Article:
Respiration and Respiratory Organs
Breathing is simply defined as the exchange of oxygen and carbon dioxide in the body.
Or, it is an oxidative process in which oxygen is absorbed into the tissue (from the lungs) to oxidize food and release energy and carbon dioxide.
The released energy is used to perform various life activities.
Metabolic waste such as CO2 is removed from the body through the lungs.
The oxidized compounds in respiration are called respiratory substrates.
Respiration is categorized into two types on the basis of site of gaseous exchange:
i) External breathing: exchange of gas between the lungs and the blood. It is the process of absorbing oxygen and removing carbon dioxide from the body through the lungs.
ii) Internal respiration: exchange of gas between blood and cells. It is the process of using oxygen to produce energy and carbon dioxide by oxidizing the food material inside the cell.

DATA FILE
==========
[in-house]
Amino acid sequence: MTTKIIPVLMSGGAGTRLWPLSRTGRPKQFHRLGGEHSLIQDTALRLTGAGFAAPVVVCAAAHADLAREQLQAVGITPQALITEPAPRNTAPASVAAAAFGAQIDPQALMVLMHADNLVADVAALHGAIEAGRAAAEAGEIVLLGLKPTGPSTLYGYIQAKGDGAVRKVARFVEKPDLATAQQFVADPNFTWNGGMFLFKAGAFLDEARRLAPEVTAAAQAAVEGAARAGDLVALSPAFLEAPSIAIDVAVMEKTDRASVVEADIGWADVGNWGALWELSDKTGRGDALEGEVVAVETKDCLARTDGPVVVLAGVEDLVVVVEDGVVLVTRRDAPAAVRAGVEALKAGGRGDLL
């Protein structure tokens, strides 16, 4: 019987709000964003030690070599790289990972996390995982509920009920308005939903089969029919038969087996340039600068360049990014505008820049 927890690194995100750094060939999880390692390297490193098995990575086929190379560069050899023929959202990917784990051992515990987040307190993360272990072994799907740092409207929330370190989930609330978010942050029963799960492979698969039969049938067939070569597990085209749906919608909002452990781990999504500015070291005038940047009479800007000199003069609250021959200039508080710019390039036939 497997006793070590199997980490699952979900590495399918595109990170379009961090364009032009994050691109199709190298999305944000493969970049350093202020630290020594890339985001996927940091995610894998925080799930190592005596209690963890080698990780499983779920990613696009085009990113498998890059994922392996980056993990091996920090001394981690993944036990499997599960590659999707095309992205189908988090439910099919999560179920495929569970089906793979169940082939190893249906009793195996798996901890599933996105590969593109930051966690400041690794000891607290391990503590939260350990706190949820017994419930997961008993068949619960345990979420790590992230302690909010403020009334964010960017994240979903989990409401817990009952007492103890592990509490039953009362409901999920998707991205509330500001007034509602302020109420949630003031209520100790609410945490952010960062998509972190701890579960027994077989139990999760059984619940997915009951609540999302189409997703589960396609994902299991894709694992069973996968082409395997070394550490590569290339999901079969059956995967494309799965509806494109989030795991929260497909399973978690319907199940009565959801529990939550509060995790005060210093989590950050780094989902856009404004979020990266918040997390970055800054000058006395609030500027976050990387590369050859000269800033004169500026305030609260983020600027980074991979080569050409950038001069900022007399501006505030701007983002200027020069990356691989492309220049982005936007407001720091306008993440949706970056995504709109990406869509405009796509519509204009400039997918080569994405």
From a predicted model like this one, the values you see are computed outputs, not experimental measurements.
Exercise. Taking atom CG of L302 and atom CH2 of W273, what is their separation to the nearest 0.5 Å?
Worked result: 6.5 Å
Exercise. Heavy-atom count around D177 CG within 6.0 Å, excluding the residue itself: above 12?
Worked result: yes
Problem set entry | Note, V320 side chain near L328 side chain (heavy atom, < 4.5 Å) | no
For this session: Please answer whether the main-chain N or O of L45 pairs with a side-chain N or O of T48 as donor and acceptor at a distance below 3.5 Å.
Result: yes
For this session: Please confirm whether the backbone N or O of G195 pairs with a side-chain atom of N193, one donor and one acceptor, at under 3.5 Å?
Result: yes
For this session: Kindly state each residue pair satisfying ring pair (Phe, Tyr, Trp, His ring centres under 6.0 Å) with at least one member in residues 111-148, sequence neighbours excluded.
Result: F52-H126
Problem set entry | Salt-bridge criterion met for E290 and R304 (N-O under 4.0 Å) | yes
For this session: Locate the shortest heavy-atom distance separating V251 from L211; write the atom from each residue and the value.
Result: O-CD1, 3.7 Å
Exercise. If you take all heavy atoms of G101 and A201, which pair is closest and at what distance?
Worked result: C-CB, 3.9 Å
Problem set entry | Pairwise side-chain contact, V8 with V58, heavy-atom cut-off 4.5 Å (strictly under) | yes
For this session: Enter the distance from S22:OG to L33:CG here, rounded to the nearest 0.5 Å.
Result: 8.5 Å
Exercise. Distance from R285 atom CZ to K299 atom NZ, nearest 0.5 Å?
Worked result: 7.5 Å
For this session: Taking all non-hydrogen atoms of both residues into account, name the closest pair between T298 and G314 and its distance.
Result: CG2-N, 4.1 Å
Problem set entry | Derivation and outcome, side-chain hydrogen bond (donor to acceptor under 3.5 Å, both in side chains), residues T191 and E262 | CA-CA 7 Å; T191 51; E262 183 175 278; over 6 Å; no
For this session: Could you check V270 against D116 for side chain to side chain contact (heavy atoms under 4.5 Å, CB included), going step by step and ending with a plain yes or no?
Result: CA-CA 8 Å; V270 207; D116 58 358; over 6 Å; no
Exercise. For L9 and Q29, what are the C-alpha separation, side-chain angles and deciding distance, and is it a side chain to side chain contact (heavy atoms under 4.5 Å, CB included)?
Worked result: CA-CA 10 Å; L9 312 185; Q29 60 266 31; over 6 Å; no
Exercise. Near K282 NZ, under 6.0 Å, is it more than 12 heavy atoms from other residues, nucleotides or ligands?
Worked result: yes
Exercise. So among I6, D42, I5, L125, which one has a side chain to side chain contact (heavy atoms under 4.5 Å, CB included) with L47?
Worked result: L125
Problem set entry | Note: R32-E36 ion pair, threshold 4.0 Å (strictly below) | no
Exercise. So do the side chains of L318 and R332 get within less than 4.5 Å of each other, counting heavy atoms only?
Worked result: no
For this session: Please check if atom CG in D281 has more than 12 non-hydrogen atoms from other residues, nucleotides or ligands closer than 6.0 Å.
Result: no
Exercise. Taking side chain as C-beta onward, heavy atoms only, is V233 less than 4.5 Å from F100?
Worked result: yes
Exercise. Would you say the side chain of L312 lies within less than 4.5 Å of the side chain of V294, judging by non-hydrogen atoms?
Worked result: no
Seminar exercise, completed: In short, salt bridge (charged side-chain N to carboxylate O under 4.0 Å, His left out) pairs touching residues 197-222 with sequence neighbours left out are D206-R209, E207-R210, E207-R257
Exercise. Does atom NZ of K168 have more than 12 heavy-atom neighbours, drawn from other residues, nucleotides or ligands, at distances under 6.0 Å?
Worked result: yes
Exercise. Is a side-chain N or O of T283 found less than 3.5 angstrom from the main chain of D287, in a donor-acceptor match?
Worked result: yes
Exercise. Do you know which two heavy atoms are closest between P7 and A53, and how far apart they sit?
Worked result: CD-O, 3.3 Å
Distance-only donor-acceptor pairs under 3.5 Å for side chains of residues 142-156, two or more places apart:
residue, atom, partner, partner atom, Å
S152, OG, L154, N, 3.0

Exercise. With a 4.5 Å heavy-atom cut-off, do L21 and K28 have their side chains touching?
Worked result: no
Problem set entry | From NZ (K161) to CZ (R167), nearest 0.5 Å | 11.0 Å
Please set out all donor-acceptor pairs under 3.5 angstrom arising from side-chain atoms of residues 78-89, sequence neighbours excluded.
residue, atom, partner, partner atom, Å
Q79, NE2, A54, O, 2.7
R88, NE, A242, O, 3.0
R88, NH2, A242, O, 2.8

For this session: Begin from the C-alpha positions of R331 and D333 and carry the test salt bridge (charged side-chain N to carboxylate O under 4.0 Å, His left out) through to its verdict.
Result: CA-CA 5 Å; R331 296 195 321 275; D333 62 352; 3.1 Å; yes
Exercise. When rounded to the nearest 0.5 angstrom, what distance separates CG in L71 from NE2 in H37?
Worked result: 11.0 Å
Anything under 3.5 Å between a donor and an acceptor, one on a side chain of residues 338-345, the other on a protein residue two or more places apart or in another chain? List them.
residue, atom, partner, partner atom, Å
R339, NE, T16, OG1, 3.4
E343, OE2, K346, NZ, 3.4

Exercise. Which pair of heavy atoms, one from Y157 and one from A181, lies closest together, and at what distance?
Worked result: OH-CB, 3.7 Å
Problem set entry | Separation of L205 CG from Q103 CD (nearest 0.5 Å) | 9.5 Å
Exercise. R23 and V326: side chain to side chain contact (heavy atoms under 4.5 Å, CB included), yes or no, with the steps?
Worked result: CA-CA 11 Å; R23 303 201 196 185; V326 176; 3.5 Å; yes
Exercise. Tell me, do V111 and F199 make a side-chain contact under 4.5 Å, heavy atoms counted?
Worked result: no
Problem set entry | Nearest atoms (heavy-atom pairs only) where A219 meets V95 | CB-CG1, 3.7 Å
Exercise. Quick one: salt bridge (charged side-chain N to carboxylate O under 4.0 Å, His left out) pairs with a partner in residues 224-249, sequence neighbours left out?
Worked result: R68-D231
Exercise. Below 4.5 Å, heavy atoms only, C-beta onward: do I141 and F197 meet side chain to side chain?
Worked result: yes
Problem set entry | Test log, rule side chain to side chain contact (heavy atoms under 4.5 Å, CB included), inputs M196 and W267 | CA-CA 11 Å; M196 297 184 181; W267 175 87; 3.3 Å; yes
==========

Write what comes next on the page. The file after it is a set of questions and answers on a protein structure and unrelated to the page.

- Nose and nasal cavity
1. Nose and nasal cavity
The nose is a part of the respiratory tract that is located above the mouth. It is produced from hyaline cartilage.
It is divided into the right and left nasal cavity by the nasal septum. Its anterior portion is cartilaginous and the posterior portion is bony.
The nasal cavities open outwards through the external nostrils or nostrils. The nasal cavities are subsequently opened into the nasopharynx through the internal nostrils.
The opening of the nasal sinuses and nasolacrimal ducts is located in the nasal cavities.
Internally, the nasal cavity is lined with mucous and cylindrical cylindrical epithelium. Contains nasal hair.
I. Prevents the entry of dust particles into the lungs by trapping the powder in the mucus or nasal hair.
Mucus-secreting glands, i.e. goblet cells are located in the nasal chamber which produce mucus. Smoke or dust particles bound with mucus.
ii) The ciliated epithelium prevents infection by sweeping microorganisms.
iii) Heats the cold air and moistens the dry air.
iv. Detects odor. The upper third of the nasal mucosa is the olfactory area that contains the olfactory cells. These cells are involved in the perception of smell.